Articles about ethics

Free Speech — Timothy Garton Ash

This is a considered and level-headed approach to free speech. Ash avoids the platitudes and black-and-white dogmatism of the more extreme woke and anti-woke thinking. Instead, he tries to go back to first principles: about what is good and bad about free speech and what happens when it gets pushed too far in various directions. He discusses what the rules concerning free speech should be, and also the laws (they aren’t necessarily the same). In the end he distills it down to ten principles:

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On What Matters — Derek Parfit

How should we live? And why does it matter? This book is just amazing. In its two massive volumes, Derek Parfit lays out a very detailed and very carefully argued ethical framework. It’s like a prodigiously sustained deep dive into his classic book Reasons and Persons with lots of examples and explanations. It’s also a conversation: one chapter consists of responses to parts of the book from other philosophers, which Parfit then responds to in turn. From free will to the trolley problem, there is a lot to argue with and a lot to think about. Immersing yourself in it will give you a greater appreciation of what really matters — and just as importantly, why.
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The Trolley Problem — Thomas Cathcart

You see a runaway railway trolley about to careen through a tunnel: five people in the tunnel will not be able to escape in time and will surely be killed. But then you see a switch that would divert the trolley into a different tunnel. Unfortunately there is somebody in there too, who will be killed if you divert the trolley. What do you do? Do you flip the switch and kill one person to save five?

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The Ant and the Ferrari — Kerry Spackman

The Ant and the FerrariThis is a readable, impassioned book about the big questions in life. Spackman explains the big bang and evolution in a very accessible way, probably the best such explanations I have ever seen. He explains how science conflicts with religion on these and other topics, but he does so in a much nicer way than the likes of Richard Dawkins or especially Christopher Hitchens. I could imagine that a religious fundamentalist could read this book and actually understand why so many people are convinced that Genesis is all just made up. It’s hard to imagine any such person getting much out of, say, Hitchens’s God Is Not Great other than the impulse to burn it. Spackman meditates thoughtfully on the meaning of life before offering a few suggestions on improving our individual lives, and society in general. I really like his ideas — they could plant the seeds for big changes for the better. I could imagine some of them being implemented by enlightened governments in a few decades. The chances of these kinds of policy change may seem remote, but books like this will definitely help. It’s clear and easy to understand, and if enough people read it it could change the world.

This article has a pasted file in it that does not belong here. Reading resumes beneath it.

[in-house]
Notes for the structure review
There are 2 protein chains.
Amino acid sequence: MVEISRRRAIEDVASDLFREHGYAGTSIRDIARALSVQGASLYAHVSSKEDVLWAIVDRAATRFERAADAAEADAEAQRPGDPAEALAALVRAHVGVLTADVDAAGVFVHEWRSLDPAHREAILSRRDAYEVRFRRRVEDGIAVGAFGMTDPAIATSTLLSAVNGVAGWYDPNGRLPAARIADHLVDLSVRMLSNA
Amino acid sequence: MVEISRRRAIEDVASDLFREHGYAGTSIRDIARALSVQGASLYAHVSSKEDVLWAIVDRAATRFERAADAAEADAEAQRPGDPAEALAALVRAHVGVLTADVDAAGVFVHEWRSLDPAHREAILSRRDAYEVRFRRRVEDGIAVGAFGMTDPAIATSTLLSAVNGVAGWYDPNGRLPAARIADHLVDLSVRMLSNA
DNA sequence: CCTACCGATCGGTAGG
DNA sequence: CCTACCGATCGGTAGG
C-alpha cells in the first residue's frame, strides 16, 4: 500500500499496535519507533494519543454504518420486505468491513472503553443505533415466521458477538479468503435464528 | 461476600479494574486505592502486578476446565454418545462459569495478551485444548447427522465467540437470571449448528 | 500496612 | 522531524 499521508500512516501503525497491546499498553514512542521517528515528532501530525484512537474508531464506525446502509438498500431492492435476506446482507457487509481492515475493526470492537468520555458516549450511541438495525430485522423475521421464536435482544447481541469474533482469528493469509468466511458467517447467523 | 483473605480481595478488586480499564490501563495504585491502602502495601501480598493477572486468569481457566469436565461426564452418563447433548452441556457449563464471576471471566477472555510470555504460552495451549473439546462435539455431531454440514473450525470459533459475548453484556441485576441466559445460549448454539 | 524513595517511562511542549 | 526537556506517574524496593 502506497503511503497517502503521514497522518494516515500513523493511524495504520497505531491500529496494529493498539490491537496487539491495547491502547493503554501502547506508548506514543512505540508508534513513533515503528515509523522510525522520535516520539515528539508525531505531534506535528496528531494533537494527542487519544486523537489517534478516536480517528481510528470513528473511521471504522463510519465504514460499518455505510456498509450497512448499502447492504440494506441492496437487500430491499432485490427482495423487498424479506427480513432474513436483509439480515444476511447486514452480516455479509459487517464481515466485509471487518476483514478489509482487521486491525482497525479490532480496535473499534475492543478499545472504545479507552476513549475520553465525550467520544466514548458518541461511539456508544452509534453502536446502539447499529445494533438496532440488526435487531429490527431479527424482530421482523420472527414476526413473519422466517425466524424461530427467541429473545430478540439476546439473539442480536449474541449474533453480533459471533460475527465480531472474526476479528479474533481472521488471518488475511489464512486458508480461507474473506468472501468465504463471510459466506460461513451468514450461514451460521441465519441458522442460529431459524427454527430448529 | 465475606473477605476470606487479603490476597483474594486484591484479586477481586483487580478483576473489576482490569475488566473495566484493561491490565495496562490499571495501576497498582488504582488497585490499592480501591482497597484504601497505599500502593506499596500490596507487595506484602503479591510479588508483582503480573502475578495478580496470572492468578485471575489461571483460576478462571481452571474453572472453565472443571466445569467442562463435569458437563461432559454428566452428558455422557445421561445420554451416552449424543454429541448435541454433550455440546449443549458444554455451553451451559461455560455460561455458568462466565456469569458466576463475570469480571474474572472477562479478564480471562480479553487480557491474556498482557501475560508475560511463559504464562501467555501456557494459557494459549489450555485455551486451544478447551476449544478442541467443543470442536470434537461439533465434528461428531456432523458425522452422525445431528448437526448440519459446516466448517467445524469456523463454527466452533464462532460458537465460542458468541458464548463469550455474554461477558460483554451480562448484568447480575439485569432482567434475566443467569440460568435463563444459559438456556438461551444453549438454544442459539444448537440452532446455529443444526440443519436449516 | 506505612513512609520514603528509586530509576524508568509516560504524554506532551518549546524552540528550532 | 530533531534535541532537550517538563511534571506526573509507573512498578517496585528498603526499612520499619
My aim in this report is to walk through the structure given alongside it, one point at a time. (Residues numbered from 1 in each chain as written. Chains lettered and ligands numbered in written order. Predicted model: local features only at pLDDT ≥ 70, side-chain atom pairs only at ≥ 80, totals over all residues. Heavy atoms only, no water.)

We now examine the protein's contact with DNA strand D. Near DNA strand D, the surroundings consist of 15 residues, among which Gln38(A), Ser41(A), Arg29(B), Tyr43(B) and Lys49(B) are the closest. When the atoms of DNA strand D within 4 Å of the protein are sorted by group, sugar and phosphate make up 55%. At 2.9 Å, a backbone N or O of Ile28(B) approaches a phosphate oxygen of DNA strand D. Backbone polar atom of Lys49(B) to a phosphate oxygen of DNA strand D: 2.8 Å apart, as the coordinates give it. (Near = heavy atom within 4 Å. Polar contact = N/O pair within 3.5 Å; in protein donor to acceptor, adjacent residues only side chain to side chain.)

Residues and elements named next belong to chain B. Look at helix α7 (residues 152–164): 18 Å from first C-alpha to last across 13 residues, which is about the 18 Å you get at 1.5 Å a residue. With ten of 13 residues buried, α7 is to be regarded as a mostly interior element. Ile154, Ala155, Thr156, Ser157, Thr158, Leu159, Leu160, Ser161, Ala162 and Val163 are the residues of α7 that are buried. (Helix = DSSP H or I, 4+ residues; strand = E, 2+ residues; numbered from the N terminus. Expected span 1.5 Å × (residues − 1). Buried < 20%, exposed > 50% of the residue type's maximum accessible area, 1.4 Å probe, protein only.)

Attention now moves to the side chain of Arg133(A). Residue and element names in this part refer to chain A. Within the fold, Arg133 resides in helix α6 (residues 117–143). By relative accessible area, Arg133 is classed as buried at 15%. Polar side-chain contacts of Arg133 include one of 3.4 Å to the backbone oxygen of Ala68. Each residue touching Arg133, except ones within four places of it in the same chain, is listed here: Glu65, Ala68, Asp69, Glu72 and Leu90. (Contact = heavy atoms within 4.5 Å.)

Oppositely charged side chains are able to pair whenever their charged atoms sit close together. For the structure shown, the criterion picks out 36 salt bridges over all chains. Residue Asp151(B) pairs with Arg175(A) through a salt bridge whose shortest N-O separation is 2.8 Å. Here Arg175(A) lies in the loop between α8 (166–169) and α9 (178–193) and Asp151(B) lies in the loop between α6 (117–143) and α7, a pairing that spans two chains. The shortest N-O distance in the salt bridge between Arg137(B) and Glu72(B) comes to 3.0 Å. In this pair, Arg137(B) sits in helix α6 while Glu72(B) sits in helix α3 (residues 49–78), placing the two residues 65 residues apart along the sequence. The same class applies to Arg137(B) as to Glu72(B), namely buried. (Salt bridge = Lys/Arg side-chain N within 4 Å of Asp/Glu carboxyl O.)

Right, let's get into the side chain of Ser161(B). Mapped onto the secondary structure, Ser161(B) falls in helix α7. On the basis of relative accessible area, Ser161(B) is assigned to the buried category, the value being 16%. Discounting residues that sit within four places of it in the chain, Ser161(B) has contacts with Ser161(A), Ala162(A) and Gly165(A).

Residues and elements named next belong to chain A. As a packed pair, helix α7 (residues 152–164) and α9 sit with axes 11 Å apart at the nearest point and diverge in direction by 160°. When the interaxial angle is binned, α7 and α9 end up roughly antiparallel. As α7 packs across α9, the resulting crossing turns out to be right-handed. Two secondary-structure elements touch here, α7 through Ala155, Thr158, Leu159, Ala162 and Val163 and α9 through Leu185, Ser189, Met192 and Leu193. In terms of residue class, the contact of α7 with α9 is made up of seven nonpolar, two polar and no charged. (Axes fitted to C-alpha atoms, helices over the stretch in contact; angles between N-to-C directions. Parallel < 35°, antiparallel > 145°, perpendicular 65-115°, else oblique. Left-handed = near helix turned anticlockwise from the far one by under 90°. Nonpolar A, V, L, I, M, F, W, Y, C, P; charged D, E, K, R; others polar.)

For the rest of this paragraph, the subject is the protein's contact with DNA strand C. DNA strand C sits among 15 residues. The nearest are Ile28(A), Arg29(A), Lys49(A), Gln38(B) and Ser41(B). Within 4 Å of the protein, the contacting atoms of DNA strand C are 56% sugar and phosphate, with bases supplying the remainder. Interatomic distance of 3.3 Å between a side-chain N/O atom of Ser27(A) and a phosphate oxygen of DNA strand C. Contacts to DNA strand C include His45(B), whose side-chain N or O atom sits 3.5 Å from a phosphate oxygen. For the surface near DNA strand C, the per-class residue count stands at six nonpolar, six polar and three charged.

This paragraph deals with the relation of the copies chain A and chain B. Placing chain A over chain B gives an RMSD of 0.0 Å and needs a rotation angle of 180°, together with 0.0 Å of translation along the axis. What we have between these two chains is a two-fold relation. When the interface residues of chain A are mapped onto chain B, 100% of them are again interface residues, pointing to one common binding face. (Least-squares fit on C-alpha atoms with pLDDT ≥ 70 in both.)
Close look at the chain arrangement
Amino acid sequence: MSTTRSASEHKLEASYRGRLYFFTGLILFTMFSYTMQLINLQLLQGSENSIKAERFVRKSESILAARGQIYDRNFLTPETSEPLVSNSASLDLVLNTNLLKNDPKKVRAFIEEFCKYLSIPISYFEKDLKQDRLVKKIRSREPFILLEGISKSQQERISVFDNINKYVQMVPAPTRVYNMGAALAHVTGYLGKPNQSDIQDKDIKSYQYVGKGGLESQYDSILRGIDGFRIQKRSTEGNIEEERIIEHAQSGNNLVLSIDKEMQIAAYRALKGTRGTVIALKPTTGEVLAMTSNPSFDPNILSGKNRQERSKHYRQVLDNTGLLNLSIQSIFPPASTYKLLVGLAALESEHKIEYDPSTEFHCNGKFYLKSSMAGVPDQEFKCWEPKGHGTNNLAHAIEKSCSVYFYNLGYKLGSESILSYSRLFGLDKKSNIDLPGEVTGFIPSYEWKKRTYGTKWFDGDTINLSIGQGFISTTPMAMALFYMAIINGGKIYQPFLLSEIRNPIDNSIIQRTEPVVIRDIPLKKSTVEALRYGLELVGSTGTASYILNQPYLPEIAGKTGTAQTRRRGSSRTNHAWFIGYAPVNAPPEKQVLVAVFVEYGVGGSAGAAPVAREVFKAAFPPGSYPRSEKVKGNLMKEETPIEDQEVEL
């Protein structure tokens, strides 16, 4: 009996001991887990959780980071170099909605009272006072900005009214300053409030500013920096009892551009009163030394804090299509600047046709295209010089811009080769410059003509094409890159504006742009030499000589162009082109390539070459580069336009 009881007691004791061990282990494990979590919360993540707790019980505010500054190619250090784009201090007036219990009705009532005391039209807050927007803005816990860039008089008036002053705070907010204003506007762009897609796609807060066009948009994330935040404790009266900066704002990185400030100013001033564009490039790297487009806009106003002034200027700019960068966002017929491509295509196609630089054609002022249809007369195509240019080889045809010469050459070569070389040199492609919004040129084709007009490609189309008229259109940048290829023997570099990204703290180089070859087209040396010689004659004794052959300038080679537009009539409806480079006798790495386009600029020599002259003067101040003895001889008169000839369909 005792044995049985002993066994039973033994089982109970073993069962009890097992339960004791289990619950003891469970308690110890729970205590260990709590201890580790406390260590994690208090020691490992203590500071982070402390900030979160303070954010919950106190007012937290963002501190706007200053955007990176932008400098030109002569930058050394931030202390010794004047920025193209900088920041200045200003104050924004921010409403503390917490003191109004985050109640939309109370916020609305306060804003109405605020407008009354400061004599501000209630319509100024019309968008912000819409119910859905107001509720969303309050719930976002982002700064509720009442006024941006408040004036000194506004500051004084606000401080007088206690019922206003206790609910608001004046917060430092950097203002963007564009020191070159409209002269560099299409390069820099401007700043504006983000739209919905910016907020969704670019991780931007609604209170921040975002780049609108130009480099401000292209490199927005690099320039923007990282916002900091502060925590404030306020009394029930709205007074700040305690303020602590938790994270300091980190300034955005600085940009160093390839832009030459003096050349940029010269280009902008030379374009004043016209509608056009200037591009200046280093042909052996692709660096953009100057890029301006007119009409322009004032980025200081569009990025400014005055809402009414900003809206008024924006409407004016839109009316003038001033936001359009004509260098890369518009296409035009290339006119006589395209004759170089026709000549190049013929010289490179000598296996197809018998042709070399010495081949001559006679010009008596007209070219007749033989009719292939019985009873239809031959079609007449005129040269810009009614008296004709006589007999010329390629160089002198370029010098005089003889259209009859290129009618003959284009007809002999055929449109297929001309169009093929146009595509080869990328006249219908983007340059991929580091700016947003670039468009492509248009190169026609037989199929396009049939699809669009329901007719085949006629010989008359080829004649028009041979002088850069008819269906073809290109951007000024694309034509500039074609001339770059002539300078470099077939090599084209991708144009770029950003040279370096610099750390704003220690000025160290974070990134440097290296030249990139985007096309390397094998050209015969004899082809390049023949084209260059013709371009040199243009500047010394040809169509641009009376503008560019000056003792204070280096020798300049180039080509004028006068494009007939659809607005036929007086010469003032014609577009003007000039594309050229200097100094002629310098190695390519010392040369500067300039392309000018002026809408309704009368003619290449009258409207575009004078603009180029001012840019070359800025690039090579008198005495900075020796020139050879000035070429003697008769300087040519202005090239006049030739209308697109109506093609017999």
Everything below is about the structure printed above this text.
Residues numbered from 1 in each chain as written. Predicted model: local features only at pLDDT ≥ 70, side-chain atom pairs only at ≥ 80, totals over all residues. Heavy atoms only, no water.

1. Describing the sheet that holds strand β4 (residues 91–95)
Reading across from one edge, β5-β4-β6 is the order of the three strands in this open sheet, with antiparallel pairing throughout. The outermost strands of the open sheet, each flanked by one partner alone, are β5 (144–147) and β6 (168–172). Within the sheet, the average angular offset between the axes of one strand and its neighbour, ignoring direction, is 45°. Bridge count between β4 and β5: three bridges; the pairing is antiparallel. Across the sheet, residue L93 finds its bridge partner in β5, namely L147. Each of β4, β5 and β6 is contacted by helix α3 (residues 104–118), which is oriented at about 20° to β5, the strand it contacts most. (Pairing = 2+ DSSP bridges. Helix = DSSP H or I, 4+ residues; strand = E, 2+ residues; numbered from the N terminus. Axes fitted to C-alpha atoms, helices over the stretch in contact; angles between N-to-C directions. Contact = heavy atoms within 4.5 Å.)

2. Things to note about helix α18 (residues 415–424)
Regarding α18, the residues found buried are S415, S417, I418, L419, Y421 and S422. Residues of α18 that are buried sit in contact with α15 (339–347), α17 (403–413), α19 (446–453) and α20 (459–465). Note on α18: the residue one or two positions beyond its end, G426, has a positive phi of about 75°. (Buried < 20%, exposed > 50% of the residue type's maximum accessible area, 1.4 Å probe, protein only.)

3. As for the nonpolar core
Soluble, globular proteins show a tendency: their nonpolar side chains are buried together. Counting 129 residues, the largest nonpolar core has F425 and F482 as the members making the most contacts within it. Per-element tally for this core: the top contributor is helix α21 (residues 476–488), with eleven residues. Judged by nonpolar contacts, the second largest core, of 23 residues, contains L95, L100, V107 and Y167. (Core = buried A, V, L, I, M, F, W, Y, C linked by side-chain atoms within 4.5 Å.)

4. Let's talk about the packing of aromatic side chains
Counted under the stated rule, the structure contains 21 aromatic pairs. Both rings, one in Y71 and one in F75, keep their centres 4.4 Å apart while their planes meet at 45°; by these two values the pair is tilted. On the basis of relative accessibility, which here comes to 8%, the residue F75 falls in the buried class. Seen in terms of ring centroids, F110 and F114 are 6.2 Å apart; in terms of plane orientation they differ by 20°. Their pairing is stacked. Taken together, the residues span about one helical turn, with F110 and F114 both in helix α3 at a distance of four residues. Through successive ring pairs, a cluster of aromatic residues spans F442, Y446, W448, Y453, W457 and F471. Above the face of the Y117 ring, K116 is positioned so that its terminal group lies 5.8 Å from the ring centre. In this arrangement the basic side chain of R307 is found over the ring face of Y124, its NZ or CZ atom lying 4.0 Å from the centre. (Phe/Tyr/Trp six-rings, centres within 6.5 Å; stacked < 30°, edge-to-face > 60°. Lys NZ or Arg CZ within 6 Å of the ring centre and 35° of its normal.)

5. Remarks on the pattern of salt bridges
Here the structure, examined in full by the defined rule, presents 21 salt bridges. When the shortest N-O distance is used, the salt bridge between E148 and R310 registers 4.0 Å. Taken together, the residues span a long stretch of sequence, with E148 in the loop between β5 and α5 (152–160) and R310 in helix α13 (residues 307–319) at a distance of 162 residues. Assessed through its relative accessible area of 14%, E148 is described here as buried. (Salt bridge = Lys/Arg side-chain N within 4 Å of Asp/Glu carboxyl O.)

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Blind Spots — Bazerman & Tenbrunsel

This book is all about the field of Behavioural Ethics — how what we do is affected by the way we think about what we do. And vice versa. (Perhaps I could have explained that better.) Probably the most important concept is the idea of Ethical Fade, which happens when a problem with a strong ethical dimension is recast as a different kind of problem. For example, company executives trying to decide how much to charge for some drug might think of it as purely a business decision; the ethical element fades away, leading to a decision that may benefit the company’s profits but is actually at odds with what the executives would normally wish to do.

This is related to the hoops that our minds jump through in trying to reduce feelings of cognitive dissonance. This idea is developed more in an earlier book, Mistakes Were Made (But Not By Me).

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My Brain Made Me Do It

Are we truly in control of our own actions, or are they are really determined by our genes and environment? Are our brains really just machines operating according to the laws of physics? Is our free will nothing more than an illusion? And if it is, how can we be morally responsible for anything?

These questions are just about the biggest and most difficult questions we can think about. I know what the answers are, but if you don’t, it would be worth your while to read the first half of “My Brain Made Me Do It” by Eliezer Sternberg. Sternberg raises the questions, discusses some of the evidence and research and identifies some current approaches. It’s a good exploration of the topic and it does get you thinking.

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